Art Industry News: Experts Blast Macron’s Plan to Loan the Fragile Bayeux Tapestry + More Must-Read Stories

Plus, U2 teams up with an anonymous street art collective and Tate Britain's new director has big plans for the future.

Art Industry News is a daily digest of the most consequential developments coming out of the art world and art market. Here’s what you need to know this Friday, January 19.


Zanele Muholi Makes an Impact in New York – The queer South African photographer says she is a “visual activist” for the country’s black LGBTQI+ community. The in-demand, award-winning artist, who is showing her radical portrait photographs at Yancey Richardson Gallery, has brought a 22-strong entourage to New York—and covered all her fellow artists’ travel costs. (ARTnews)

Tate Britain Director to Rehang the Collection (Again) – Alex Farquharson reveals that he is planning a complete makeover of Tate Britian just five years after the displays were overhauled by his predecessor, Penelope Curtis. As the London museum looks to boost its visitor numbers, he also hints at a “mega exhibition” of British art in collaboration with another national museum. (The Art Newspaper)

Bayeux Tapestry Loan Backlash Begins – French experts, including a former director of the Bayeux Tapestry Museum in Normandy, have declared their opposition to the loan of the historic embroider to England because of its fragility. (It hasn’t left France for 950 years.) The museum’s curator, Pierre Bouet, said he thought “it was a hoax” when he first heard President Macron’s promise. (AFP)

U2 Teams Up With Haifa Collective – The Haifa-based collective Broken Fingaz has animated a video for U2’s song “Get Out of Your Own Way,” off the group’s new album. The street artists, who have never revealed their identities, animated the video with paper cutouts of Donald Trump with a rainbow flag and members of the Ku Klux Klan. (TAN)​


Frieze New York Releases Exhibitor List – The fair’s exhibitor list includes newcomers like New York’s Essex Street and JTT, as well as LA-based Château Shatto and Regards from Chicago. Under the new directorship of Loring Randolph, the fair will also add a second day of VIP previews on May 2, as well as a new section, “Live,” dedicated to performance. (ARTnews)

Sturtevant Gets First Posthumous Show in London – Galerie Thaddaeus Ropac’s Julia Peyton-Jones is working with Sturtevant’s daughter Loren Muzzey to give the pioneering appropriation artist her first solo show in the UK since her death in 2014. Set to open on February 22, the exhibition will feature a range of works, including her controversial copies of Andy Warhol’s silkscreened Flowers. (The Art Newspaper)

Palm Beach Fair Wraps with Seven-Figure Sales – Palm Beach Modern + Contemporary returned for its second edition last weekend, hosted by the City of West Palm Beach and presented by Art Miami. The fair enjoyed several six-figure sales of contemporary and postwar works. The gallery ARCHEUS/POST-MODERN reportedly sold Pierre Soulages’s Peinture (2003) for approximately $1 million. (ArtfixDaily)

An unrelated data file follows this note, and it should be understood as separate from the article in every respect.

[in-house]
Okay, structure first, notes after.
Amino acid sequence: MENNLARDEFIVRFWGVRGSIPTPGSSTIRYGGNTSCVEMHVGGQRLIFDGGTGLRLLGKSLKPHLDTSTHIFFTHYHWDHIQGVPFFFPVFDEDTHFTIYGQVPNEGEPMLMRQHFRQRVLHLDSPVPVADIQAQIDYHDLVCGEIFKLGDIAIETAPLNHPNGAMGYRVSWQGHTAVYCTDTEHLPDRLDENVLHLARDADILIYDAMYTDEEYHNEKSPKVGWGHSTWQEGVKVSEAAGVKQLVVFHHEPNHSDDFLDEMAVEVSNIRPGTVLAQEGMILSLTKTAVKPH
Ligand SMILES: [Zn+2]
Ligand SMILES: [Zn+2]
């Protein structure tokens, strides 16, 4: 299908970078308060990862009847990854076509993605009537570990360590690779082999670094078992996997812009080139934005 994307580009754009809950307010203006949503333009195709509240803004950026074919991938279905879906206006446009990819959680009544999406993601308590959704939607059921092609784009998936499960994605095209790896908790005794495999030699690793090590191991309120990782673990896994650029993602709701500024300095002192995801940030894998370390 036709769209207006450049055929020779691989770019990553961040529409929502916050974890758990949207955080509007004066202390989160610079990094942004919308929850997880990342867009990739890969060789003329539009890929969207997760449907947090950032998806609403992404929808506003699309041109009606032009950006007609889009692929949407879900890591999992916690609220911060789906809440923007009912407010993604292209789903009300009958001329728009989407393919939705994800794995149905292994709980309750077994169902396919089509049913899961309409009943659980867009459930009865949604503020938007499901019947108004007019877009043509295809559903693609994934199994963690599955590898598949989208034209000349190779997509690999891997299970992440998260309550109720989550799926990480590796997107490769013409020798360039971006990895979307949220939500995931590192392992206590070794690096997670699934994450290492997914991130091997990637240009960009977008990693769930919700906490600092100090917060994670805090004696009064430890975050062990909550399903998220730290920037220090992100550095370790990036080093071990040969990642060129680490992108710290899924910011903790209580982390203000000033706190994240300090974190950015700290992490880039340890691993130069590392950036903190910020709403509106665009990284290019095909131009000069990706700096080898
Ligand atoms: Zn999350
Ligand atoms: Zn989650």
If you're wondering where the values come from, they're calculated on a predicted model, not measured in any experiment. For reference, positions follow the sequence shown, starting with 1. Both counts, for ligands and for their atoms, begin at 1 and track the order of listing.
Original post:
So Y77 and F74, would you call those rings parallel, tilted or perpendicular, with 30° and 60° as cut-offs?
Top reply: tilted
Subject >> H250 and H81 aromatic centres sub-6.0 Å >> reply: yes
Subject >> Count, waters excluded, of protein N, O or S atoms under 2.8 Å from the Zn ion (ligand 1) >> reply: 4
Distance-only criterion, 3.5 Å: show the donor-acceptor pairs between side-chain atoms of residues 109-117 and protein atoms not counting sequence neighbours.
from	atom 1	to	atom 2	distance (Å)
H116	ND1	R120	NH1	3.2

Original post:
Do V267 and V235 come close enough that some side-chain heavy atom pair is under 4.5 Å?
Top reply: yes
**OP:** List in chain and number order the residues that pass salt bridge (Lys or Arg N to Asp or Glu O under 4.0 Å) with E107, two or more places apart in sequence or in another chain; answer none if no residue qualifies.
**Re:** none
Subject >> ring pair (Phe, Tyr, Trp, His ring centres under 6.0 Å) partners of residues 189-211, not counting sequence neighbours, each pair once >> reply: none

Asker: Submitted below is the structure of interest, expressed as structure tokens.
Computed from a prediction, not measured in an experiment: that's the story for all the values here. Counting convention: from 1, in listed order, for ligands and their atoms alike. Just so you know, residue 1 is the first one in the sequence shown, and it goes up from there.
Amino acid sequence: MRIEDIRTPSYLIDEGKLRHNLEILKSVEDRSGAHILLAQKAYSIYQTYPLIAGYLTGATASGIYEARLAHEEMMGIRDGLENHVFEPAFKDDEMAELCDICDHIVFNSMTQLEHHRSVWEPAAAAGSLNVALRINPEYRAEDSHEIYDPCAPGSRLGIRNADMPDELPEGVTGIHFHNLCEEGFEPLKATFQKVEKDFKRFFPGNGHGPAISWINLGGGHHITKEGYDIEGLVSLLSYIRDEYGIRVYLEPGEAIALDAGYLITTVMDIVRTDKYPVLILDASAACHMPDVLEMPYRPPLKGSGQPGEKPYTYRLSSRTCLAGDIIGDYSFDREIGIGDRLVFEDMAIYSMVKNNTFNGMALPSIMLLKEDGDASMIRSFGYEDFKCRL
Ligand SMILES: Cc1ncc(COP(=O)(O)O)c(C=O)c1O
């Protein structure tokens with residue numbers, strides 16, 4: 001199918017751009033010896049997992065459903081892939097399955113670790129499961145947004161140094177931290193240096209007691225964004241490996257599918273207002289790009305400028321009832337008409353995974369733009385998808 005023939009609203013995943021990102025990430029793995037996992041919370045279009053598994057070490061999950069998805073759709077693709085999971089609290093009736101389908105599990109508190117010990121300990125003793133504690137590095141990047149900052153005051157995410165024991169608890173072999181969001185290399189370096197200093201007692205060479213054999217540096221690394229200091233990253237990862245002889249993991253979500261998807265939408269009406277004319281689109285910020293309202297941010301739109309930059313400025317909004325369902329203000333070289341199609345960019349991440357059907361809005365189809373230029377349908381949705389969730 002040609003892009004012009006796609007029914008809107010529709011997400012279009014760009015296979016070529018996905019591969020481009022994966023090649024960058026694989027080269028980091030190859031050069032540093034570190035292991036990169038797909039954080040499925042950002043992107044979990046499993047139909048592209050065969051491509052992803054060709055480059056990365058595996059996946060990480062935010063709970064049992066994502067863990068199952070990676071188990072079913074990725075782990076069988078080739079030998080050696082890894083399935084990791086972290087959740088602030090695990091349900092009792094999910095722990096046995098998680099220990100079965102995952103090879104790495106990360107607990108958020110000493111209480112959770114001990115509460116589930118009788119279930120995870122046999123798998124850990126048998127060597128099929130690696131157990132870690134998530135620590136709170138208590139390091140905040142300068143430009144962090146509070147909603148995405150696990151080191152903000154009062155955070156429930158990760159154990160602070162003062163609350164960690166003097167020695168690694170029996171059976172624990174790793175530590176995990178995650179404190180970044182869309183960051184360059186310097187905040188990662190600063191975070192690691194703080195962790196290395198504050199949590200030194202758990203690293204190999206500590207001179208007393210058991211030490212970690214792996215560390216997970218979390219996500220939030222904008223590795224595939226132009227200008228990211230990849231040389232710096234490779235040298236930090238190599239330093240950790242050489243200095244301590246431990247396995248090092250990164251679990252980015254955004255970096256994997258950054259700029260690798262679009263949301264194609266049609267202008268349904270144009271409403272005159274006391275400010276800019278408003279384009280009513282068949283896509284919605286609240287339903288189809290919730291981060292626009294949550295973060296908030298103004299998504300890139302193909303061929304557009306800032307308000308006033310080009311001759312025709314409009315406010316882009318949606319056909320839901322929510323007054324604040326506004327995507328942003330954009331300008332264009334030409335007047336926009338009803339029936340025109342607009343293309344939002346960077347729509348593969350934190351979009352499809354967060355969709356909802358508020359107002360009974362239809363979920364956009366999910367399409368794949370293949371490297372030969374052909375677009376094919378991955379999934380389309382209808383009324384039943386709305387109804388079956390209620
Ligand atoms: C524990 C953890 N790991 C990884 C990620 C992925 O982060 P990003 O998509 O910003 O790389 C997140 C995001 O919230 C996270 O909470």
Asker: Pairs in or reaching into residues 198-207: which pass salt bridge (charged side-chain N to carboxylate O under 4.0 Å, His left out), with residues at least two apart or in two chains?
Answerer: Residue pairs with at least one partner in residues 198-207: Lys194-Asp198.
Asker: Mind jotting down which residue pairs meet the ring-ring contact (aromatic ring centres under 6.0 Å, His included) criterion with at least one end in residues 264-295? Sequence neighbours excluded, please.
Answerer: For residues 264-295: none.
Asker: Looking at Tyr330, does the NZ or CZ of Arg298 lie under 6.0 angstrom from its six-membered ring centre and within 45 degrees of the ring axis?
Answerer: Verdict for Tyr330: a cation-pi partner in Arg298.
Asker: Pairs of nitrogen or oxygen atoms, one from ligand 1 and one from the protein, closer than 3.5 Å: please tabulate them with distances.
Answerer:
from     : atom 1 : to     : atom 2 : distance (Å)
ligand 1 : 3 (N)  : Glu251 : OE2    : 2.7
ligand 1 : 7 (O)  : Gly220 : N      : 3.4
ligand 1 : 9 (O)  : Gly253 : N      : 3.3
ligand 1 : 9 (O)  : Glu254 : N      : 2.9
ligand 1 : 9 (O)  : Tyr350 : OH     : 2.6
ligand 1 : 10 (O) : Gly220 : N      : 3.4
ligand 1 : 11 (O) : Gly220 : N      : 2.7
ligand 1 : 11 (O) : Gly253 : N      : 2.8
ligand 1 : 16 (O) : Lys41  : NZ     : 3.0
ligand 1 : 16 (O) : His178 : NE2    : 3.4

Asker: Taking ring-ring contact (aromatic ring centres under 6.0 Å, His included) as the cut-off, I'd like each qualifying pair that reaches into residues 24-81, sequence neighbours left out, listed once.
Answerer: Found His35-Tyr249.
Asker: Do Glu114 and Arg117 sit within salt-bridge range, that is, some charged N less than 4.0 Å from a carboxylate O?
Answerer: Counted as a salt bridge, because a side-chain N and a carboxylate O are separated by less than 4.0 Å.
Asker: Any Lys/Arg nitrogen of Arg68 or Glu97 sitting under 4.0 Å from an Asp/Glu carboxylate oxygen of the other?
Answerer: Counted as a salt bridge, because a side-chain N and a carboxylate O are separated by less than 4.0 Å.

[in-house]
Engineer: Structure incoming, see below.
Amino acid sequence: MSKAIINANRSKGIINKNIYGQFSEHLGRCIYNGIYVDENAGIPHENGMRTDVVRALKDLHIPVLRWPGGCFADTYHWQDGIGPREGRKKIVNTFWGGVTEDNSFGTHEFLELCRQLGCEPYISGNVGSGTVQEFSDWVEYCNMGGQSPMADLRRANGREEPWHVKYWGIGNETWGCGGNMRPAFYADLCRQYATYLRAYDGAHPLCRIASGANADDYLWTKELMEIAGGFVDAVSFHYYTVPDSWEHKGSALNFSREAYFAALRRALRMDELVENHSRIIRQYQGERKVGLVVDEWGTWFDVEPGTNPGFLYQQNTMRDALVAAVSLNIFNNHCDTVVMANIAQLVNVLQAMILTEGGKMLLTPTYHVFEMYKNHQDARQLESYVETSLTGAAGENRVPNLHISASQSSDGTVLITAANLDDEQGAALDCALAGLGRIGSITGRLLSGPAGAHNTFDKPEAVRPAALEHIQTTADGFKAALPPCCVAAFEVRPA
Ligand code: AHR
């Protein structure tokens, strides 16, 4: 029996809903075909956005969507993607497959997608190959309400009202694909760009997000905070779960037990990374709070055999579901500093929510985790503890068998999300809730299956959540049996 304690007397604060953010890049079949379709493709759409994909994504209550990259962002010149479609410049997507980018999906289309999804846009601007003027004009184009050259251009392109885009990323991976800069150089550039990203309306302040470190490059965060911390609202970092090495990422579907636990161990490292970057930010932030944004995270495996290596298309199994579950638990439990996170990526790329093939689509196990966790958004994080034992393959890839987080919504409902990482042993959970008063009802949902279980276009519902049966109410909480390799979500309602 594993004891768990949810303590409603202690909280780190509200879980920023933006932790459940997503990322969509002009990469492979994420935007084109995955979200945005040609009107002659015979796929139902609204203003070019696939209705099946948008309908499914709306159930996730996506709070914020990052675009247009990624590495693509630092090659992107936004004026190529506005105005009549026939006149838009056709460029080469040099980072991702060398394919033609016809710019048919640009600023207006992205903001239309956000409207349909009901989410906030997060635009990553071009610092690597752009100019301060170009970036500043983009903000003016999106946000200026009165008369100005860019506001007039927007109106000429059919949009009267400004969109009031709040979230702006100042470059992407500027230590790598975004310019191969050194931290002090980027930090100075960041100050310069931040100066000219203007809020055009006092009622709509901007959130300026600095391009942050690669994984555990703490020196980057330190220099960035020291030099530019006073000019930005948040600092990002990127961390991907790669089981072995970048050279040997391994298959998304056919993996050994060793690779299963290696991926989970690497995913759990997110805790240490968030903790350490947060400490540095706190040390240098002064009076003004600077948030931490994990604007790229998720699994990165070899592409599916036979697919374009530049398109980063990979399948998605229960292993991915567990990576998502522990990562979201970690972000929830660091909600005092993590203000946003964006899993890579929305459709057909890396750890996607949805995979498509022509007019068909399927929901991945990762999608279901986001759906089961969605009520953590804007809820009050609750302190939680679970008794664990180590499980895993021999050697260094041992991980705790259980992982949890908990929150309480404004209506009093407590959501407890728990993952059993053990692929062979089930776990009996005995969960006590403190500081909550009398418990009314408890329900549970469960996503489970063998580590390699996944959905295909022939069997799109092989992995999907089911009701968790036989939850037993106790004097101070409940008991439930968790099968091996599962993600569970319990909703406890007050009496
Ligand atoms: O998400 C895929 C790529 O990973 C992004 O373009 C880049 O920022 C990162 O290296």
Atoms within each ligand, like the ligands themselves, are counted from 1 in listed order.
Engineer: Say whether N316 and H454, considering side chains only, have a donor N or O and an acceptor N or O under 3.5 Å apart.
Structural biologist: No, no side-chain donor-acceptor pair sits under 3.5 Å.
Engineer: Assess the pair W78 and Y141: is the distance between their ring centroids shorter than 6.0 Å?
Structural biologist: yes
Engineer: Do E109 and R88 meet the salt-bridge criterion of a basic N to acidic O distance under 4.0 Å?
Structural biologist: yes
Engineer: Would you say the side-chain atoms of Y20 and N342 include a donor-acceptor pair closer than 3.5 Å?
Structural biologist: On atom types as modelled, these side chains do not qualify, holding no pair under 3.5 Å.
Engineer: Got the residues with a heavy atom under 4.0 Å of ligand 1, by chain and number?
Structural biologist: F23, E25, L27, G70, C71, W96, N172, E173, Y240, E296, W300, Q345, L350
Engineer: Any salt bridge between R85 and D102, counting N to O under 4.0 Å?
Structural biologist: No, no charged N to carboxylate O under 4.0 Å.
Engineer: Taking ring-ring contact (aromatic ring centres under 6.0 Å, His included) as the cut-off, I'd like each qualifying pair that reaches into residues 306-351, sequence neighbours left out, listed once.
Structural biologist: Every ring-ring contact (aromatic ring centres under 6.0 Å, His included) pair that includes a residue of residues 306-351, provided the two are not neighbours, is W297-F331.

MOCA North Miami Appoints New Director – The Florida museum has appointed Chana Budgazad Sheldon as executive director. She replaces Babacar M’Bow, who was fired two years ago amid allegations of sexual harassment. Sheldon comes to the museum from Locust Projects, a local alternative art space, which she directed for eight years. (WLRN)

LA Art-World Legend Ed Moses Dies – The “Cool School” artist, known both for his contemporary abstract works and for his raucous partying with the likes of Ed Ruscha, Robert Irwin, and Larry Bell, died in his home in Venice Beach on Wednesday. He was 91. (LA Times)

Keorapetse Kgositsile Dies at 79 – The South African activist and poet, lauded for fusing his country’s struggle to defeat apartheid with the American black arts movement, has died at 79. Kgositsile is survived by another wordsmith, his son Thebe, who performs as rapper Earl Sweatshirt. (NYT)

Southbank Centre Director Steps Down – After more than a decade at the helm of the arts center, Jude Kelly will step down in May, to take charge of WOW, the growing Women of the World festival she founded in 2010. Her successor at Southbank has yet to be announced. (The Evening Standard)


V&A Dundee Gets Opening Date – The Victoria & Albert Museum’s £80 million ($111 million) Scottish design museum in Dundee—its first UK outpost outside of London—is set to open on September 15. The impressive building designed by Japanese architect Kengo Kuma will host an inaugural exhibition on ocean liners. (Guardian)

Frank Lloyd Wright Medical Center Demolished – Despite a Chicago-based nonprofit’s effort to buy out the historic Montana building’s owner, the center designed by Wright in 1958 was bulldozed on January 10. It is the first of the architect’s buildings to be torn down in more than 40 years. (Artforum)

Inaugural Johnson Fellowship Awarded – Americans for the Arts has announced a new annual fellowship, a $75,000 award named after Robert Leroy “Yankee” Johnson, for artists who transform communities. The inaugural fellowship will go to artist and designer Tanya Aguiñiga, who was selected from 18 nominees. (Press release)

Women’s March Signs Have Found a New Home – Last year, curators for the National Museum of American History collected signs that had been discarded on the National Mall after the epic Women’s March. Ahead of the 2018 march this Saturday, check out some of the funny and poignant slogans and imagery from the inaugural event. (The Cut)

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